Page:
A Supposedly Good Movie I’ll Never Watch Again

When it comes to watching movies, I get really into the action on screen, talking back to the actors and sitting forward when things get intense. It can be emotionally exhausting to watch a serious drama under these conditions, so when it comes to picking movies to watch over and over again, I stick with comedies, thrillers, and action-adventures. Dramas are generally, well, supposedly good movies that I’ll never watch again.

I love watching good, serious, dramatic movies, in part because they take a real emotional toll. The action on screen might involve ridiculously good looking people acting out fictional scenes, but the emotions are completely real. Yeah, Bill Nunn didn’t die, but Radio Raheem did. Radio Raheem wasn’t real, but he was true.  What I respond to is the truth of the scene, and that transcends the boundaries of reality and fiction.

As a result, there are certain movies that I’ve seen once and I will never, absolutely never, watch these movies again. This is not a negative comment on their quality ““ it takes some skill (and maybe a couple of cheesy maudlin speeches) to move me to the point of silent pain for not-real-but-true characters. Here are some movies that I will never watch again:

  1. The Pianist ““ Watching a movie about the Holocaust is a really terrible idea for me and I will never, ever watch this one or any other Holocaust movie ever again. I have only teared up in a few movies, and this one was the worst. My family history makes these movies incredibly painful to watch, but I appreciate why these movies are made, and I believe that they have a lot of value, especially for people with little connection or knowledge of the extent of what happened under the Nazi regime.
  2. Babel ““ There was something beautiful about the way the director Alejandro Gonzalez Inarritu, and screenwriter Guillermo Arriaga interwove these stories about the unforeseen consequences of the interactions of four groups of people. Stories about isolation, belonging, and inescapable interconnectedness of people everywhere really affect me, especially when they’re done this well. Oh, and throwing immigration issues into the mix just makes it that much more sad/painful/good to watch.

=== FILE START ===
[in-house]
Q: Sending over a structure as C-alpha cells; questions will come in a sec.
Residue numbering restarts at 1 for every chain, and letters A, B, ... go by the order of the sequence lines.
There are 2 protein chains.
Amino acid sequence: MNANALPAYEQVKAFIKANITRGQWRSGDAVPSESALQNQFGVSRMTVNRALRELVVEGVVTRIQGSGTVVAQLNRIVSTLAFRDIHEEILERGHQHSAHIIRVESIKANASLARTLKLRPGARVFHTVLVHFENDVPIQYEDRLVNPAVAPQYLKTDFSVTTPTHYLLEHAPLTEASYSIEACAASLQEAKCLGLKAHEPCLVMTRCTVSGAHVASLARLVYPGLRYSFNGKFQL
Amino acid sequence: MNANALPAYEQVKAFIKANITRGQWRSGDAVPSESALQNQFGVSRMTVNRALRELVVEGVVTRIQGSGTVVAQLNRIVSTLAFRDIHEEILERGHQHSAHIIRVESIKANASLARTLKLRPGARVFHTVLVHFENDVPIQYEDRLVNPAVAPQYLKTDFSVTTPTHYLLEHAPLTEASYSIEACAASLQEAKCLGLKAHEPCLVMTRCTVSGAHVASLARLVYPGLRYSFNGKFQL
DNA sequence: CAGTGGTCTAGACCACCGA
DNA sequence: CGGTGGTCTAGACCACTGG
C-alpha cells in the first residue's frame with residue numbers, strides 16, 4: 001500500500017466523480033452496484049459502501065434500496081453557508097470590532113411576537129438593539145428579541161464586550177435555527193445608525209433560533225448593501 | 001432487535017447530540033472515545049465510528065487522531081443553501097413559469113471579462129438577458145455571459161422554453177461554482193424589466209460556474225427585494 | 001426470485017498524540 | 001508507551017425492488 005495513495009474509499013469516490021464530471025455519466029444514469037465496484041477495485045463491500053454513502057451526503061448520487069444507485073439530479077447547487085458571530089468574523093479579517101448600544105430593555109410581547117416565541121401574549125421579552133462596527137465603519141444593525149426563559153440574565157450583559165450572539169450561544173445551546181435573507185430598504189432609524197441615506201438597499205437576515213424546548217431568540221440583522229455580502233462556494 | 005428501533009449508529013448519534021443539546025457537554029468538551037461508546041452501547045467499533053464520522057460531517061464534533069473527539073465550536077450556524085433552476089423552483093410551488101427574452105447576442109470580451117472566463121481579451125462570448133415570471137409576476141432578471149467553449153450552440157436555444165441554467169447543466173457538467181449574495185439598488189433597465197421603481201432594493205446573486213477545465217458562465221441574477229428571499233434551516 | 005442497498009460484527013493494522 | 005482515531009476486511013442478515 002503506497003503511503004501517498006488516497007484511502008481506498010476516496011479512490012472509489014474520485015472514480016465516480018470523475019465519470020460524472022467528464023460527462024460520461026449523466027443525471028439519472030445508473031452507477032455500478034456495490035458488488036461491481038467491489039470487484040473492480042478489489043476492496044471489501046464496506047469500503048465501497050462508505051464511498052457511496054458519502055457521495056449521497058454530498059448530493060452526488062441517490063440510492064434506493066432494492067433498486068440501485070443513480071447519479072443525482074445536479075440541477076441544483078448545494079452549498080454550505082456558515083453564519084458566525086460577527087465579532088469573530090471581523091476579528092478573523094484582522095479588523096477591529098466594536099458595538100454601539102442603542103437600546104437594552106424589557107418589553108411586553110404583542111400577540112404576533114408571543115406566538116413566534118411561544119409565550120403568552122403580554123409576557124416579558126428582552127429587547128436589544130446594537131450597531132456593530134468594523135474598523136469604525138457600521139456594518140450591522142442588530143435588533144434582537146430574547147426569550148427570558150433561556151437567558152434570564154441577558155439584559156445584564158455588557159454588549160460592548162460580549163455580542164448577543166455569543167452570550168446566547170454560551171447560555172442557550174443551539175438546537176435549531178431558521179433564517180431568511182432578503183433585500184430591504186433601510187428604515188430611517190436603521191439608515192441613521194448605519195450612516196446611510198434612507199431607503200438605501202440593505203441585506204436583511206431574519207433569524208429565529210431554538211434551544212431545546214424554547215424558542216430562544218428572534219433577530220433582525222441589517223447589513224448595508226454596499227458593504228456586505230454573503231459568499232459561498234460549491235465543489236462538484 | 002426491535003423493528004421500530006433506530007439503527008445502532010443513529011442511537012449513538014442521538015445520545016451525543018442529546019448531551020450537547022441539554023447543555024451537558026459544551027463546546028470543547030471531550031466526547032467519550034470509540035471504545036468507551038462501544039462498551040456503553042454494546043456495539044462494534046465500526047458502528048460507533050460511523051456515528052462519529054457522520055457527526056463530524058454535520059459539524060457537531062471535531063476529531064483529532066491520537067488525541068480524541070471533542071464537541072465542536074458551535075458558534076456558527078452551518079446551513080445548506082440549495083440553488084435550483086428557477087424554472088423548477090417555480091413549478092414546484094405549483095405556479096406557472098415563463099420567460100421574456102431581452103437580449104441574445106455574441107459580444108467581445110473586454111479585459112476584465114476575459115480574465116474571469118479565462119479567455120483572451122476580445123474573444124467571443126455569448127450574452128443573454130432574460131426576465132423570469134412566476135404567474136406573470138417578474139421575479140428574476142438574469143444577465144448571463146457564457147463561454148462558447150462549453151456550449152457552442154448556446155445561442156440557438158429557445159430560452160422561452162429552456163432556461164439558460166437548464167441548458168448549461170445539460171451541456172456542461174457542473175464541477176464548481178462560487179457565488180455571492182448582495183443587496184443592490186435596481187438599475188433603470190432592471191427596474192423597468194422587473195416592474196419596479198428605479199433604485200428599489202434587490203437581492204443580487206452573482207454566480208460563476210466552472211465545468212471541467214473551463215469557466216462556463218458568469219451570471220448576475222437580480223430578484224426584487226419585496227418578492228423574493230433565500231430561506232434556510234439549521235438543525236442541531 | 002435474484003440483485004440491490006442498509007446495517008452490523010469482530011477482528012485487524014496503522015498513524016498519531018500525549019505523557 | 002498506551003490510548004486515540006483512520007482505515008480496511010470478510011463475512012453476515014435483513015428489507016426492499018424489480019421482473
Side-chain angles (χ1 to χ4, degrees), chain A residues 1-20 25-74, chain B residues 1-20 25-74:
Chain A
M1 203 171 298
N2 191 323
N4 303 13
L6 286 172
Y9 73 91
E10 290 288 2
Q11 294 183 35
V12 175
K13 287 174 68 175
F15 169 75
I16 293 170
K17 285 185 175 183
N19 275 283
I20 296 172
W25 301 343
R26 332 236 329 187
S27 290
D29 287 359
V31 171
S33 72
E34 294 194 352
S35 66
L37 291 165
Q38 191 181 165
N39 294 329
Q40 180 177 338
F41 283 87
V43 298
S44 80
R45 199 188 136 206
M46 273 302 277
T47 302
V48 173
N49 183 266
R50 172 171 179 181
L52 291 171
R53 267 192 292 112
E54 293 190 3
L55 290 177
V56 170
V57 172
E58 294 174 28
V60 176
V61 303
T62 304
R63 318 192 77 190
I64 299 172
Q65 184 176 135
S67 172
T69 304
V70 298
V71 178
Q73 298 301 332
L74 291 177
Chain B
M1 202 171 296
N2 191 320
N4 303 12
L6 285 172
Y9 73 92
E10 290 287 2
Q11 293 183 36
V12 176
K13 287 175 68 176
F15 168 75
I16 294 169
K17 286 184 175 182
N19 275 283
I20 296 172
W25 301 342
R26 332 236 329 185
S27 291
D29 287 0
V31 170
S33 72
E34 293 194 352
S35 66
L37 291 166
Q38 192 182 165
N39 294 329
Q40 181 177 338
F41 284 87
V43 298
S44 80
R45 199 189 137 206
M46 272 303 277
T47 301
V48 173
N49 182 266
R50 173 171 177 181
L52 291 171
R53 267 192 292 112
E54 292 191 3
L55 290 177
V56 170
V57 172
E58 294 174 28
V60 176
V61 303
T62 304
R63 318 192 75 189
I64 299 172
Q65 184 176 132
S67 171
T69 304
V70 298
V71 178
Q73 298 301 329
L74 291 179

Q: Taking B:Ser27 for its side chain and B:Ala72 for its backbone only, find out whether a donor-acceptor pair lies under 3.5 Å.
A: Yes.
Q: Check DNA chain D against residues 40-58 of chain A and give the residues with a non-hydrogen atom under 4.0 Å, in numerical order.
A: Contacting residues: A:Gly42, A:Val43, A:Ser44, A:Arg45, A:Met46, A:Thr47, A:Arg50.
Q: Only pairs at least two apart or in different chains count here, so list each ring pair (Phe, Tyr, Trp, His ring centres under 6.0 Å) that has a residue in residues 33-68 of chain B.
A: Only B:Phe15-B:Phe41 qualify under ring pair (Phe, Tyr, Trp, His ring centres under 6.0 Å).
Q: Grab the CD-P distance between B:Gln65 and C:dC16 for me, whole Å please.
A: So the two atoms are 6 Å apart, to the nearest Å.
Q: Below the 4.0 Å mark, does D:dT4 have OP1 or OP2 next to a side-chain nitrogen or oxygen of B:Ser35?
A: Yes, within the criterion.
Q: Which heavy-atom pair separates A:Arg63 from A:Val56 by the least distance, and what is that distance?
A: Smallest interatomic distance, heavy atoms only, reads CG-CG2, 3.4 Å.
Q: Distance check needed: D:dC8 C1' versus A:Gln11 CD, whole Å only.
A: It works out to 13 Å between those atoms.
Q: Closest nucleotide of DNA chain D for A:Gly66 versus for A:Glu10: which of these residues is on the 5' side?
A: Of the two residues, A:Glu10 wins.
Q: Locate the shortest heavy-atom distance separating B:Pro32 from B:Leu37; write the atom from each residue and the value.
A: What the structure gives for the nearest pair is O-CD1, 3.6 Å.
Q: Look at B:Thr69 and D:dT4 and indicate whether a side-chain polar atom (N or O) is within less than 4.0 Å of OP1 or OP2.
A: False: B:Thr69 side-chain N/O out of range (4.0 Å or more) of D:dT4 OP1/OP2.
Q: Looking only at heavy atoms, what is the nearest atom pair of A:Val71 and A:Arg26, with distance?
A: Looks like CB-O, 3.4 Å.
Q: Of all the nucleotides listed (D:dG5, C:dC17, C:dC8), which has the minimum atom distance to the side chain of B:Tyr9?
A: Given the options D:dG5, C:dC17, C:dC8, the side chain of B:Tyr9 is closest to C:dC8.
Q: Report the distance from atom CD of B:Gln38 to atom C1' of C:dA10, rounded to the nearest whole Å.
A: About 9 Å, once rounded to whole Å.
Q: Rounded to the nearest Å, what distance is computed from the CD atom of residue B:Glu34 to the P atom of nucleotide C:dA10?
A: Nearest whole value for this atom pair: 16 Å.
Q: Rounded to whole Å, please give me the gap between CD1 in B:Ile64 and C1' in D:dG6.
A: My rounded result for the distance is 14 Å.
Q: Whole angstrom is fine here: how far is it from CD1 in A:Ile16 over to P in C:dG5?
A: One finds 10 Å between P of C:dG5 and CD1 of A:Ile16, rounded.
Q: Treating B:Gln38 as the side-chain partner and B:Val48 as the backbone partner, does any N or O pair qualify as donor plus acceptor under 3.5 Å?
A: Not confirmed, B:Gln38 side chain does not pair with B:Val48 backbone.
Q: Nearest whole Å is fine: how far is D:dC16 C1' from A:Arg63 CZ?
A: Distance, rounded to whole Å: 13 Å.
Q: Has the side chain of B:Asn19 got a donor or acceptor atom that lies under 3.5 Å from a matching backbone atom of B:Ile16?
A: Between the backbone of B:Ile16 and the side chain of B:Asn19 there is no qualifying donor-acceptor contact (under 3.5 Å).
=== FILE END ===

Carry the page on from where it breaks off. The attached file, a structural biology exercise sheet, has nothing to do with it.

3. Boys Don’t Cry ““ This one is sort of cheating because it is about the real life murder of the real life person, Brandon Teena. Maybe I’m just a Hilary Swank fan-girl/avoider, but she does a great job of conveying some pretty brutal emotions (see also: Million Dollar Baby).  It’s been years since I’ve seen this movie, so I can’t comment on the quality of it and how well it addresses the issue surrounding Brandon Teena’s brutal murder (especially the transphobia), but Brandon Teena’s story is as important to hear as it is tragic.

How about you? What are some movies you just can’t watch more than once? Are there any? How do you connect and respond to movies that touch on very serious truths?

40 replies on “A Supposedly Good Movie I’ll Never Watch Again”

Gawd, I wish I could rewatch some of these movies, but, honestly, it’s too much:

1. The Green Mile: I know that Duncan’s character can be considered a “Magical Negro” but I still believe that this was an incredible movie. It’s just that the fact that Duncan’s character/role is one of the few offered to African Americans that, from a sociological standpoint, tarnishes the film. If there were more diverse roles in the movie industry and all races were offered equal chances for equal roles, I don’t think this movie would have that racial component. However, we live in a shit world and so it does matter. However, just looking at the story and how it played out was…gosh, I refuse to watch that movie ever again.
2. Like some have said: Life is Beautiful–although I think many movies concerning the Holocaust have the same effect (look below!). This horrible event was, from a moral/ideological standpoint, black and white, which does make it much easier to sympathize with the characters on an intense level, because of what the character was/is/will go through in the movie.
3. Schindler’s List
4. The Pianist
5. The Boy With Striped Pajamas
6. The Wind That Shakes the Barley – I’m such a fan of Cillian Murphy, and while I believe all of his roles are well-executed–being what this film is, and his historical/national/cultural relationship to it, I think he really became the character…which is probably why I cannot bring myself to watch it again. Once was more than enough.
7. Mar Adentro
8. Like many have said…Revolutionary Road
9. Sophie’s Choice
10. Requiem for a Dream
11. American History X: I think I could watch it again, just to share with people how…incredible this film is, but I don’t think I’d ever choose it again, just to watch on my own. I think this attitude goes for any of the films above.

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